Even if you must regard it as a sort of psychic exercise, strive to get along with your boss. At almost any cost, avoid making an enemy of him or her. Remember: When it’s time to move on, recruiters or prospective employers will want to question your boss about your workplace performance and attitude. In pursuing “developed references,” background checkers may talk to anyone who has worked with you or has direct knowledge of your contribution to the organization. It is no advantage if you’re concerned that your co-workers or superiors might speak favorably of your skills and abilities, yet unfavorably of your relationship with your supervisor. Even if your boss is not a strong advocate of your occupational advancement, it pays not to make an enemy.

Safeguarding Your Interests

For starters, maintain an updated portfolio of your professional accomplishments. Include in your portfolio a current resume, any special workplace commendations and annual evaluations, current documentation — licenses, registrations, certifications, etc. — and any other important documentation of your career to date. It is also advisable to include confidential letters of reference from persons who can speak favorably of your professional performance. Should you need to begin a job search for any reason, it pays to be prepared in every way and not depend upon what your boss might or might not do on your behalf.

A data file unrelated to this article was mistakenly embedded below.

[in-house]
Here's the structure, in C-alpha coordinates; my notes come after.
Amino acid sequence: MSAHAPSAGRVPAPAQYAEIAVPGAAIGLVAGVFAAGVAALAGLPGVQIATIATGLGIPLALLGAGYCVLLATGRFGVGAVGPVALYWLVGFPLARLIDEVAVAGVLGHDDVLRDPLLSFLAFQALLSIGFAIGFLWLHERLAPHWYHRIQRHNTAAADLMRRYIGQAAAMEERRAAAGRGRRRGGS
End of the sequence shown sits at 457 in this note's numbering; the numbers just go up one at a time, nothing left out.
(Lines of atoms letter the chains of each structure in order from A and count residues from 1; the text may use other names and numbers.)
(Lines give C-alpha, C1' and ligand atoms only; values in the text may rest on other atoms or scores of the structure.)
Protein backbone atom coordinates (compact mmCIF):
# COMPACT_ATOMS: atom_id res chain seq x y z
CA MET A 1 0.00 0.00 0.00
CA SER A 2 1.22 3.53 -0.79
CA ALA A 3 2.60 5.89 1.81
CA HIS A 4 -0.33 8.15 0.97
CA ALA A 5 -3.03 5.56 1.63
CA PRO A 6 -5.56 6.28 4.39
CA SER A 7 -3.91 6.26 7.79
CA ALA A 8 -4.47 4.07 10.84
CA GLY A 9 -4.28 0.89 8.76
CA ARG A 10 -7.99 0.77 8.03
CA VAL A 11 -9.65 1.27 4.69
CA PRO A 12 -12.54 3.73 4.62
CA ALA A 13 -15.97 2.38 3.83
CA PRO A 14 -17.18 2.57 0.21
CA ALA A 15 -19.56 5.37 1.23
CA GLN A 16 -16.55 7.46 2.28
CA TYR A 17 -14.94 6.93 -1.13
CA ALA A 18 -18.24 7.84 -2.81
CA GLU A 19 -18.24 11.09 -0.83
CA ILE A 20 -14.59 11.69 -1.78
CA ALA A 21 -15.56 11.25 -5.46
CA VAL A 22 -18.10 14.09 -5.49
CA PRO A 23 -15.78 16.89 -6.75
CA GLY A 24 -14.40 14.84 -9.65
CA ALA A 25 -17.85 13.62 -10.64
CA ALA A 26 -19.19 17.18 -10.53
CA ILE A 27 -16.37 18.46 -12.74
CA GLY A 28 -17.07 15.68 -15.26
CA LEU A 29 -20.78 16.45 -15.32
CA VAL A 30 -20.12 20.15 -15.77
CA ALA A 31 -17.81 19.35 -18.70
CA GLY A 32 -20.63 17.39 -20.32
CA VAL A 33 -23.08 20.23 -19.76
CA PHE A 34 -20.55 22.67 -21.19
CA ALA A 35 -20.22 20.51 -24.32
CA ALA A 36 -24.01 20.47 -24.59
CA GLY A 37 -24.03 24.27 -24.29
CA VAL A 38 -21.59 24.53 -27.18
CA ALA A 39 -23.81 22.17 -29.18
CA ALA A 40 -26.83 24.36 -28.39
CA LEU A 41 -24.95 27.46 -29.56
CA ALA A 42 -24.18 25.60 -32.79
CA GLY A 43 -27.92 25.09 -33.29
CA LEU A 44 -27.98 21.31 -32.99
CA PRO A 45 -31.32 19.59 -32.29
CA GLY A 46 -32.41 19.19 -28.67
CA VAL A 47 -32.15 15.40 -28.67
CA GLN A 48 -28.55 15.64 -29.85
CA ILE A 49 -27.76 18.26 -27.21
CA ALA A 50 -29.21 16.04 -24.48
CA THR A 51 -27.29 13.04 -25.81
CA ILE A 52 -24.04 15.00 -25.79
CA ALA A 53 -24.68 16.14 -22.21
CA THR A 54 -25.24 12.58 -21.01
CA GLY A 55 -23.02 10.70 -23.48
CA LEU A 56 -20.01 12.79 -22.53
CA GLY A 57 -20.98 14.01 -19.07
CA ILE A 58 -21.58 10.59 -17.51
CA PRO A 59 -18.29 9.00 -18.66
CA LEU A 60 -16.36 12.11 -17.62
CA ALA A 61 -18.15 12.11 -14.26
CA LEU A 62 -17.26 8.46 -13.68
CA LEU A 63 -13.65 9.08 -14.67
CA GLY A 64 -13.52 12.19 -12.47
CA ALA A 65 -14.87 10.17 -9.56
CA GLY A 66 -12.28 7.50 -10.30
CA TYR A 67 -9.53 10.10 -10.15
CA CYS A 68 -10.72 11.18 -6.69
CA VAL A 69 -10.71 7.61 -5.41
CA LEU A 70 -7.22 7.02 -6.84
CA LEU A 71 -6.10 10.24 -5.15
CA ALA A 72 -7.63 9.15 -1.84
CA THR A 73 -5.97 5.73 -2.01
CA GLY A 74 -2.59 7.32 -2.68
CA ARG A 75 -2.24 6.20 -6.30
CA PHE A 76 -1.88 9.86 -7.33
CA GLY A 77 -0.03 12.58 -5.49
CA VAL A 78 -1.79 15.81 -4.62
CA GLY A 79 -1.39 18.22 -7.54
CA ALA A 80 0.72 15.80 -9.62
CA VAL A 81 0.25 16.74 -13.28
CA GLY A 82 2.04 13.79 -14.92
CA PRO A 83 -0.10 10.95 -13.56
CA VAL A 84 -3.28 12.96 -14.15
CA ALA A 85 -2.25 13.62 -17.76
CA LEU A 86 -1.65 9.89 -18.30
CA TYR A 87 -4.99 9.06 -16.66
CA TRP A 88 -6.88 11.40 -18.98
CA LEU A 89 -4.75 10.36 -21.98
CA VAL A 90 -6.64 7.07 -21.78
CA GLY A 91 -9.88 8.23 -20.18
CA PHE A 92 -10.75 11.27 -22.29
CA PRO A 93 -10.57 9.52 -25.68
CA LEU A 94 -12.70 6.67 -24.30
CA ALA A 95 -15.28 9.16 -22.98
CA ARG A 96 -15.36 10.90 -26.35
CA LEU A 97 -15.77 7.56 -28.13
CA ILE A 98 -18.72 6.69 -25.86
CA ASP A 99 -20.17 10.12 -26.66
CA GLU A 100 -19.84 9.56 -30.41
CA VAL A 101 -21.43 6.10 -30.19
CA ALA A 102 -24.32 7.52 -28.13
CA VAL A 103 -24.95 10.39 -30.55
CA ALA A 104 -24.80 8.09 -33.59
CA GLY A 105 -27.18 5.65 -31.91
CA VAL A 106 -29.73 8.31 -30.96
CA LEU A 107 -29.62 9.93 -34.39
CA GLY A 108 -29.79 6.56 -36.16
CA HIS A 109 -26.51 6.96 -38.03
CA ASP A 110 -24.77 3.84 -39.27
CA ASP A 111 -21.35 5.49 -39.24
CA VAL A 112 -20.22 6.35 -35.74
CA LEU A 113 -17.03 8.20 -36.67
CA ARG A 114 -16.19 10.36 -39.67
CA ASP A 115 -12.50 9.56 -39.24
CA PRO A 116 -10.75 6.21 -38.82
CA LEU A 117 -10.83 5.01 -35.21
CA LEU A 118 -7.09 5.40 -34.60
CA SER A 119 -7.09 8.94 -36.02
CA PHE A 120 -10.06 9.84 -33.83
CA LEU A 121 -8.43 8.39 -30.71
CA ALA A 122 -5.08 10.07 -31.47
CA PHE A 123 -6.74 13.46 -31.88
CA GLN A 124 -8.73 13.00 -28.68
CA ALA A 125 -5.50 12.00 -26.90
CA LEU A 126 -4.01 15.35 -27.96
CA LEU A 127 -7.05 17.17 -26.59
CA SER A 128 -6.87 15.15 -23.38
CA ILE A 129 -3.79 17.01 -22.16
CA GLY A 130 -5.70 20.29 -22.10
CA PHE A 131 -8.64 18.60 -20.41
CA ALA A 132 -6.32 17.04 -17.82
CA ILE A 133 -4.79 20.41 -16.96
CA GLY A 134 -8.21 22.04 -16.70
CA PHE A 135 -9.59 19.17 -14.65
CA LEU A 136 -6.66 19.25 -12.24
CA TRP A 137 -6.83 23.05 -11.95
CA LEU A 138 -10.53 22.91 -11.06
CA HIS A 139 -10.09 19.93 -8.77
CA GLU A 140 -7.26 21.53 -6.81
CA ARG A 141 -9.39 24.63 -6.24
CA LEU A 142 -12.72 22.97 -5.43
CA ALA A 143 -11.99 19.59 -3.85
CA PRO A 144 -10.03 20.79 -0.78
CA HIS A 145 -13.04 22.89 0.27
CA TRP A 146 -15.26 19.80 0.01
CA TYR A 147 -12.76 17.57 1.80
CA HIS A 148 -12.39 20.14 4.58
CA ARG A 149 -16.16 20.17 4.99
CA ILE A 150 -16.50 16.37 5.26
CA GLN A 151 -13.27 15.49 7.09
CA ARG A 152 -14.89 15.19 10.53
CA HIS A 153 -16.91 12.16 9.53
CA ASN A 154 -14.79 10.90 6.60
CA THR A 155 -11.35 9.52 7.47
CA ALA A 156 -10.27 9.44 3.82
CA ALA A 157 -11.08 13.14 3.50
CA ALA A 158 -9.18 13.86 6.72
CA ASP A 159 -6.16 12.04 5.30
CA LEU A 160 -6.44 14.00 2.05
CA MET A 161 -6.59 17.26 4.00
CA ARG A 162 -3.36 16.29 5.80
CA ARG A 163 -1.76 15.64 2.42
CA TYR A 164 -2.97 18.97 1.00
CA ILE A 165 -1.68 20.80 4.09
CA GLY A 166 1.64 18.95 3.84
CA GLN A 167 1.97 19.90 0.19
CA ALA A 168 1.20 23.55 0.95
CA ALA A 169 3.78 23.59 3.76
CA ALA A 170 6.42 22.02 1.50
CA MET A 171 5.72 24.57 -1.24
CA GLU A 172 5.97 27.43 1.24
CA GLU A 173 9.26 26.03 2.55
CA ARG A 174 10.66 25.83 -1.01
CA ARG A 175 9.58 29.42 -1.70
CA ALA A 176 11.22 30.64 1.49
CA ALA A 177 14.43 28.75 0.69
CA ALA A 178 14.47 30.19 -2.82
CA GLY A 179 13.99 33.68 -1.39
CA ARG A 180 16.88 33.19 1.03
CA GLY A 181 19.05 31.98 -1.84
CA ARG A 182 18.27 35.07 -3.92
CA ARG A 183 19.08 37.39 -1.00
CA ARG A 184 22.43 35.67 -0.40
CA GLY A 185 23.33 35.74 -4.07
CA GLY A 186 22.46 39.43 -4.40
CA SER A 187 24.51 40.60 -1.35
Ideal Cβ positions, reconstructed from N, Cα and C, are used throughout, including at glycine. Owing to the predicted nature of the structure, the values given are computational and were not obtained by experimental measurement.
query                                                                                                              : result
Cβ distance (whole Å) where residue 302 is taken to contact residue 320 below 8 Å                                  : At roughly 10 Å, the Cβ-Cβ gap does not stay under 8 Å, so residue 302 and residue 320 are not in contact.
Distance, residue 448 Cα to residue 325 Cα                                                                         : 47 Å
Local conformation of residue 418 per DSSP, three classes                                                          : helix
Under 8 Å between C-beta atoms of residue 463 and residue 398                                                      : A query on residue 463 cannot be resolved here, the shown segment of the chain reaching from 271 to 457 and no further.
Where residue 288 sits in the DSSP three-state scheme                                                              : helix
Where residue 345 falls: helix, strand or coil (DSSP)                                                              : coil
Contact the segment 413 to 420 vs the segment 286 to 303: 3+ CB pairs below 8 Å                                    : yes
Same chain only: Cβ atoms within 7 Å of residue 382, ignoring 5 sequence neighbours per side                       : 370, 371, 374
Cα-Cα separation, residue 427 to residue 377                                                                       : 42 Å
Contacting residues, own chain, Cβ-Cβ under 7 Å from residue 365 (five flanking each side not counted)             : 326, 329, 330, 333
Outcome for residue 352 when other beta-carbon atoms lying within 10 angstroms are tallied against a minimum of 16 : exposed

Second, toot your own horn in a low key, especially about your workplace productivity as it sets you apart form your peers. You have nothing to gain by harboring a sense of false modesty. Without braggadocio, speak up for yourself and make sure you receive proper credit for your workplace accomplishments. Keep a file of accomplishments – projects you’ve worked on, suggestions implemented to help the organization save or make money, specialized training you’ve provided to newer employees, and other initiatives that have benefited the group. Documenting your workplace accomplishments not only safeguards your story and your current situation, but prepares you to make a calculated career move, on short notice if necessary, backed up by facts and figures that support your “claim to fame.”